Upper Mississippi Center
Biodiversity | Biology | Environmental Indicators and Impact Assessment | Environmental Sciences
Description, Abstract, or Artist's Statement
Alliaria petiolata (garlic mustard), is an invasive biennial herb native to Europe and Asia. Its roots excrete a chemical that inhibits the growth of surrounding plants. When A. petiolata is present, low species diversity results. Once A. petiolata is present, it is almost impossible to eradicate due to how quickly it spreads. Additionally, A. petiolata eliminates native species such as oaks and wildflowers, therefore reducing a site’s richness and evenness. Our research question is how does A. petiolata cover affect native species in the herbaceous understory? Five forest communities were sampled in Northwest Illinois. Sites were separated into four different categories with Lonicera maackii (Amur Honeysuckle) only, A. petiolata only, neither invasive species, and sites where both occur. There were 12 sites for each of the four categories resulting in 48 total. Daubenmire 1m2 plots were placed haphazardly throughout the site. Native relative cover, Shannon's H, native richness, non-native relative cover, non-native shannons, and non-native richness were assessed. There was a site effect for native relative cover, native Shannon’s H, native richness, non-native relative cover, and non-native richness. There was a treatment effect for native relative cover, non-native relative cover, non-native Shannon’s H, and non-native richness. There was a site by treatment interaction for native relative cover, non-native relative cover, non-native Shannon’s H, and non-native richness. The data show that for four of the five sites, the total relative native cover was higher when there was a lower presence of A. petiolata. All five sites had lower non-native Shannon’s H when A. petiolata was present. From the results, it can be determined that A. petiolata significantly impacts the native species of an herbaceous understory. These results correlate with the literature, as A.petiolata can compete with native species, especially in areas with higher disturbances, and lead to less ecosystem diversity.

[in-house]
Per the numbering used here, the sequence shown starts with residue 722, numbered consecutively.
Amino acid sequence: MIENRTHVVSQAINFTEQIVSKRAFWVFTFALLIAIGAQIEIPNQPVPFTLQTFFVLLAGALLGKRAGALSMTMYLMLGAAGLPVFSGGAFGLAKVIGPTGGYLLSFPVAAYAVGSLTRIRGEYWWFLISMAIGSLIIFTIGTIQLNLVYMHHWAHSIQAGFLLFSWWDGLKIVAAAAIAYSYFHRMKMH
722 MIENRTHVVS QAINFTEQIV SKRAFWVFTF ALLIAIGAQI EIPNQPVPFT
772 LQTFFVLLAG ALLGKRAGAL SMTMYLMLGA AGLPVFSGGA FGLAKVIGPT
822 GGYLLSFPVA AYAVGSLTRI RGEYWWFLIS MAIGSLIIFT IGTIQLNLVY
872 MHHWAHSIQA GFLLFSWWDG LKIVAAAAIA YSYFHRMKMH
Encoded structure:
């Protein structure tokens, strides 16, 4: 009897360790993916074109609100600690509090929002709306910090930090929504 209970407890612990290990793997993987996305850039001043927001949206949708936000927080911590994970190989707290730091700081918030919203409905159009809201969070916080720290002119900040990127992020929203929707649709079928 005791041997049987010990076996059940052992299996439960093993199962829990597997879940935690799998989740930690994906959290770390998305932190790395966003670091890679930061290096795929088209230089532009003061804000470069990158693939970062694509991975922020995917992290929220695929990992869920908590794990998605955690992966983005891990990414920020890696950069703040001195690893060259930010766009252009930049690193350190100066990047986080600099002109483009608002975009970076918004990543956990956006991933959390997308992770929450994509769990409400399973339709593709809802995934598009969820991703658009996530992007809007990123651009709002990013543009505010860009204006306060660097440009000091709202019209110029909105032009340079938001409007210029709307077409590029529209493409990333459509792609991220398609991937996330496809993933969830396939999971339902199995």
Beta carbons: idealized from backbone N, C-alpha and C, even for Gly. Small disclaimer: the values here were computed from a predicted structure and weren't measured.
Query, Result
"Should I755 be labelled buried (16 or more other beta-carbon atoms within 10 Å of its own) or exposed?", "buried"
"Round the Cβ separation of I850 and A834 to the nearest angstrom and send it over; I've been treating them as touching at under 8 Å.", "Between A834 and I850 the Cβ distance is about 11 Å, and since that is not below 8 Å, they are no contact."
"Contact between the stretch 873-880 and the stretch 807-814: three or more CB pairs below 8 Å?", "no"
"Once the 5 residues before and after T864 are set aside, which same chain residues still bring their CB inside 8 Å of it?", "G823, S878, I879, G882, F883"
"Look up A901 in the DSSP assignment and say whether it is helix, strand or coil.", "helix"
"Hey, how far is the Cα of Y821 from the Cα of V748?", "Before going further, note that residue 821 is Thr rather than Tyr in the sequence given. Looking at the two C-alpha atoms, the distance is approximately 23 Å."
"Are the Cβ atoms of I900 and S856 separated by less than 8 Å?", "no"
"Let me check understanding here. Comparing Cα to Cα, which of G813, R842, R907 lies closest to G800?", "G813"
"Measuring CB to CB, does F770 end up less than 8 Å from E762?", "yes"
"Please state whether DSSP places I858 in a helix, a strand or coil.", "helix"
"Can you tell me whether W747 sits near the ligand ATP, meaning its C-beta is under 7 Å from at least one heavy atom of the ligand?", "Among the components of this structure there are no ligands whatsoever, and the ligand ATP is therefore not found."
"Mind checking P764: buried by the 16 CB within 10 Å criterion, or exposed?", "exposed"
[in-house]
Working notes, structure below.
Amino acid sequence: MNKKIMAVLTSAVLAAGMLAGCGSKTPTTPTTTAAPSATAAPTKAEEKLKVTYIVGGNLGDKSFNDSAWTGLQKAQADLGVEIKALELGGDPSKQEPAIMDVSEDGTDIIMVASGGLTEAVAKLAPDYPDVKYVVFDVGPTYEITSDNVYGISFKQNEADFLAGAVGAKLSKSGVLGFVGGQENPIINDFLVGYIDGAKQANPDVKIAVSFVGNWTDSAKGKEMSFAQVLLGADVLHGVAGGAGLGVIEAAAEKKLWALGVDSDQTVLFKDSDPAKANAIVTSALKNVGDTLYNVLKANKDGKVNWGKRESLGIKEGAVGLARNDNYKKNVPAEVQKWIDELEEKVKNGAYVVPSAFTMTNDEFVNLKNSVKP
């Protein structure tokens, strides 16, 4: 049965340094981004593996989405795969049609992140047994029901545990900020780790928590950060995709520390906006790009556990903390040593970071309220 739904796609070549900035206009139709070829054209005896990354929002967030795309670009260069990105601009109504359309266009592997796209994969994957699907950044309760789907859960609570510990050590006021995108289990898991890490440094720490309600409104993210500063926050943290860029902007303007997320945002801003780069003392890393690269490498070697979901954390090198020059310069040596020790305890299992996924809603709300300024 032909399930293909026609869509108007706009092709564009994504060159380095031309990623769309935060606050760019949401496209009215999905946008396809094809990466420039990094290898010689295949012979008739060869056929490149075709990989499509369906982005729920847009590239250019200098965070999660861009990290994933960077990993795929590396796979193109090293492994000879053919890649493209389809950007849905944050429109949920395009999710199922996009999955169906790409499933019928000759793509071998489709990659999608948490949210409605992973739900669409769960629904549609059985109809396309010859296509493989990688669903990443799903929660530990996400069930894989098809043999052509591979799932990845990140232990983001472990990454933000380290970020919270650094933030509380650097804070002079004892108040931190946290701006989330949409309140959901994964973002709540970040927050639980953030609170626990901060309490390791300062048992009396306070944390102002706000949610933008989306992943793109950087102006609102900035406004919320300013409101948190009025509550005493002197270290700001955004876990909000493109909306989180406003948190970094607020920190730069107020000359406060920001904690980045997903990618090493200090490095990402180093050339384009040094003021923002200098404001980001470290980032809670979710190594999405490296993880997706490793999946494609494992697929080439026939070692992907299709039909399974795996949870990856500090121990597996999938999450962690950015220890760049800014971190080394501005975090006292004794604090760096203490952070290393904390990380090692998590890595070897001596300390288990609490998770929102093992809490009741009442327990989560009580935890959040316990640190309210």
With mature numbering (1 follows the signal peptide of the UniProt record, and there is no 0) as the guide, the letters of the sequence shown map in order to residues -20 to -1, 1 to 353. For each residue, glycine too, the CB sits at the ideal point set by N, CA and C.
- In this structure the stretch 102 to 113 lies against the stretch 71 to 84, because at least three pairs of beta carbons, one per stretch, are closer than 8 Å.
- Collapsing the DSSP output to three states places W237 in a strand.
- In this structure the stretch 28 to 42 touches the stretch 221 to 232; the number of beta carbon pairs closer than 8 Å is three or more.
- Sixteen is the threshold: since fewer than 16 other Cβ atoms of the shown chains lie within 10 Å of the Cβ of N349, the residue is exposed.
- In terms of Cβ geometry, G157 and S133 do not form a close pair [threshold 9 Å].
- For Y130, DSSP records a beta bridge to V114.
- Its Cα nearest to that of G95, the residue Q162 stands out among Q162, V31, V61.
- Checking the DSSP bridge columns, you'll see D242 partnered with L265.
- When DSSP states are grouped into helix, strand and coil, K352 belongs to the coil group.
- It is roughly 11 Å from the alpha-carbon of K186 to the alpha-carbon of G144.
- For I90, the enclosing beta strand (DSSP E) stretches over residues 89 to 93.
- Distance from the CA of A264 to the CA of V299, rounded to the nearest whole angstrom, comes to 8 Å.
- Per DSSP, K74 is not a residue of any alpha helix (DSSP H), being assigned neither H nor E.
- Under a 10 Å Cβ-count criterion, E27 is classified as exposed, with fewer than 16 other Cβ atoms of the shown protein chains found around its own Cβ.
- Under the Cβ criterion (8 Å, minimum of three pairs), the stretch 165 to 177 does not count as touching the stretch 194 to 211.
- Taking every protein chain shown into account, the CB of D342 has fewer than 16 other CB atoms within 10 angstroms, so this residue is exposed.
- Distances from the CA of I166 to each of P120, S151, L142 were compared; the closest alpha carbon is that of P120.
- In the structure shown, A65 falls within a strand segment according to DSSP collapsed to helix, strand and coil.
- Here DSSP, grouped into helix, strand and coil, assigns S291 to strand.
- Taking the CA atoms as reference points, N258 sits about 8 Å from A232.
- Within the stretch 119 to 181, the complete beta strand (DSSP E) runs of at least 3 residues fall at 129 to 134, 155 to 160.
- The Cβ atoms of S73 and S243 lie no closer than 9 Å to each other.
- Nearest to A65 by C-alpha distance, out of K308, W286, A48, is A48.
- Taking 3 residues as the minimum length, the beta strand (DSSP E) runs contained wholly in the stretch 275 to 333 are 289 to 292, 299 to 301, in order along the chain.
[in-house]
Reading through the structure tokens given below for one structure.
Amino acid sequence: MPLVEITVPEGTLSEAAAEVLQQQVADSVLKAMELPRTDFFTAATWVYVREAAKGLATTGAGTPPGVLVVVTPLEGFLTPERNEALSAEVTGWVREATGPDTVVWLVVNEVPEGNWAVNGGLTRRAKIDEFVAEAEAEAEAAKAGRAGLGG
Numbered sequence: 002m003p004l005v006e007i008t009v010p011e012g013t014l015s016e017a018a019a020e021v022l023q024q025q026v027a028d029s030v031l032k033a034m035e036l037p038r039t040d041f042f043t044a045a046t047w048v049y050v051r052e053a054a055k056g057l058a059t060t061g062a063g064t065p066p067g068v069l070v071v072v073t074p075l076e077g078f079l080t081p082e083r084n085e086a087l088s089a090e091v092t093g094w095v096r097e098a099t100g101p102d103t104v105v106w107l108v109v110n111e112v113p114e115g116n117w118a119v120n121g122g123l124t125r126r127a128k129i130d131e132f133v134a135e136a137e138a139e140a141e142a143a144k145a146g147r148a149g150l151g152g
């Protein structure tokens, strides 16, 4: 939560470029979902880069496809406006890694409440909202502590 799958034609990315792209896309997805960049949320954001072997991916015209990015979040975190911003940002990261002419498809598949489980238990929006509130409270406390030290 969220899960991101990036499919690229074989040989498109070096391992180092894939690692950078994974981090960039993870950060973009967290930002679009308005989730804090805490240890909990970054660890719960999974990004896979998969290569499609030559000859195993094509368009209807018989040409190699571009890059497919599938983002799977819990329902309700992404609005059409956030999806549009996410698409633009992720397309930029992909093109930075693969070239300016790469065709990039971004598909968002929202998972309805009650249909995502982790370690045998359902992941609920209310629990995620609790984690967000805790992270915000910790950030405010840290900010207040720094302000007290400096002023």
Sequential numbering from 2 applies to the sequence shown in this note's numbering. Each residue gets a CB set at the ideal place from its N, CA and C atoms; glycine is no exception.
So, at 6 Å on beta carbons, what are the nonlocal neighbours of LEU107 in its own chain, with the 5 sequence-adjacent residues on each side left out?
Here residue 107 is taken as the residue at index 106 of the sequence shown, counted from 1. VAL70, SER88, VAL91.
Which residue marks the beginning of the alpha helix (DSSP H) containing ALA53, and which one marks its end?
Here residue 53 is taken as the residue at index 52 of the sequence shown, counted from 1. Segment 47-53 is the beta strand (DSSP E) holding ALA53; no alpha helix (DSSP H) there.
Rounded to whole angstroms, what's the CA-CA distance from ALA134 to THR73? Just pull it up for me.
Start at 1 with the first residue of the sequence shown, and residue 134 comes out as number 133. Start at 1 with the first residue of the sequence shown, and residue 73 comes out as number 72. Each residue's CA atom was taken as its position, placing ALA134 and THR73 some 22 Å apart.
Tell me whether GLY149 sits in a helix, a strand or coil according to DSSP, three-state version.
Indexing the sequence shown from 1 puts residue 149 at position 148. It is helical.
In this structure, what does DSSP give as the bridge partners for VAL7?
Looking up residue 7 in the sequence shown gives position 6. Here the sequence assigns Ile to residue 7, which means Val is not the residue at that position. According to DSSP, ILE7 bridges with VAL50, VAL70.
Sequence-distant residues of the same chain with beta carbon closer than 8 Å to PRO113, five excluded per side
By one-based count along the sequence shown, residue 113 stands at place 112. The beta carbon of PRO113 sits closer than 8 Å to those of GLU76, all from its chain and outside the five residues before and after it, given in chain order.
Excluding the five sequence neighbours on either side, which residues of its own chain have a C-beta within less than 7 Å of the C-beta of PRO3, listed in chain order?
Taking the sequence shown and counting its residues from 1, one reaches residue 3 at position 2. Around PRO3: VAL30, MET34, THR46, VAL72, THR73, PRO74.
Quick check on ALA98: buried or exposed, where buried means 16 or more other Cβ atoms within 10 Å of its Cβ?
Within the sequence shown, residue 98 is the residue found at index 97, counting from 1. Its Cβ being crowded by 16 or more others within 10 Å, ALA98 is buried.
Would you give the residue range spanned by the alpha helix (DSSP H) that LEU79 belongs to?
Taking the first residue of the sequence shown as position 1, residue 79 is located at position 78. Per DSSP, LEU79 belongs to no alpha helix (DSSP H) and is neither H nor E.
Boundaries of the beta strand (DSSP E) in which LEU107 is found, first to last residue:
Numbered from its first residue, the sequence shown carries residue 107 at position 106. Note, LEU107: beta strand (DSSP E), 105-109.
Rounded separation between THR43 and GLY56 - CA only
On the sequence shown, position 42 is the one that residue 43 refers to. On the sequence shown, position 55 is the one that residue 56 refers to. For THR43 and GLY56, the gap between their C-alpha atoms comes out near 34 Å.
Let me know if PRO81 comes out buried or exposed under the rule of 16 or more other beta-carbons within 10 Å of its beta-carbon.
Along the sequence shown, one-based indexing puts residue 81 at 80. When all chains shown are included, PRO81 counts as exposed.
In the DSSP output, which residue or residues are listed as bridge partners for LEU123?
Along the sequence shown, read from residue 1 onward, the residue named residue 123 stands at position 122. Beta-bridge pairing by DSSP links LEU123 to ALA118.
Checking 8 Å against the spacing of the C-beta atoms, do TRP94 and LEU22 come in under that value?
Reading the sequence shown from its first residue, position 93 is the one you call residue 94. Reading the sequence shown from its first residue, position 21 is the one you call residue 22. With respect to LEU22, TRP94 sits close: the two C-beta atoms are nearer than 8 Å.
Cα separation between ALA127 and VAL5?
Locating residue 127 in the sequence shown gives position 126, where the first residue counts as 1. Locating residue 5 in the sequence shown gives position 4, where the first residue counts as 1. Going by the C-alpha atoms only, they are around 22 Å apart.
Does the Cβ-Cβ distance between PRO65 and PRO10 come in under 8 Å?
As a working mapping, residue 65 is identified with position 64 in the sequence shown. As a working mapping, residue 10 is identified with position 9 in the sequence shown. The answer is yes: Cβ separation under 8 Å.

Augustana Digital Commons Citation
Lundborg, Paige; Schlabowske, Hayley; Koontz, Dr. Jason; and Lundborg, Paige. "Assessment of the Negative Role Garlic Mustard has on Urban Forest Diversity" (2022). Independent Research Projects.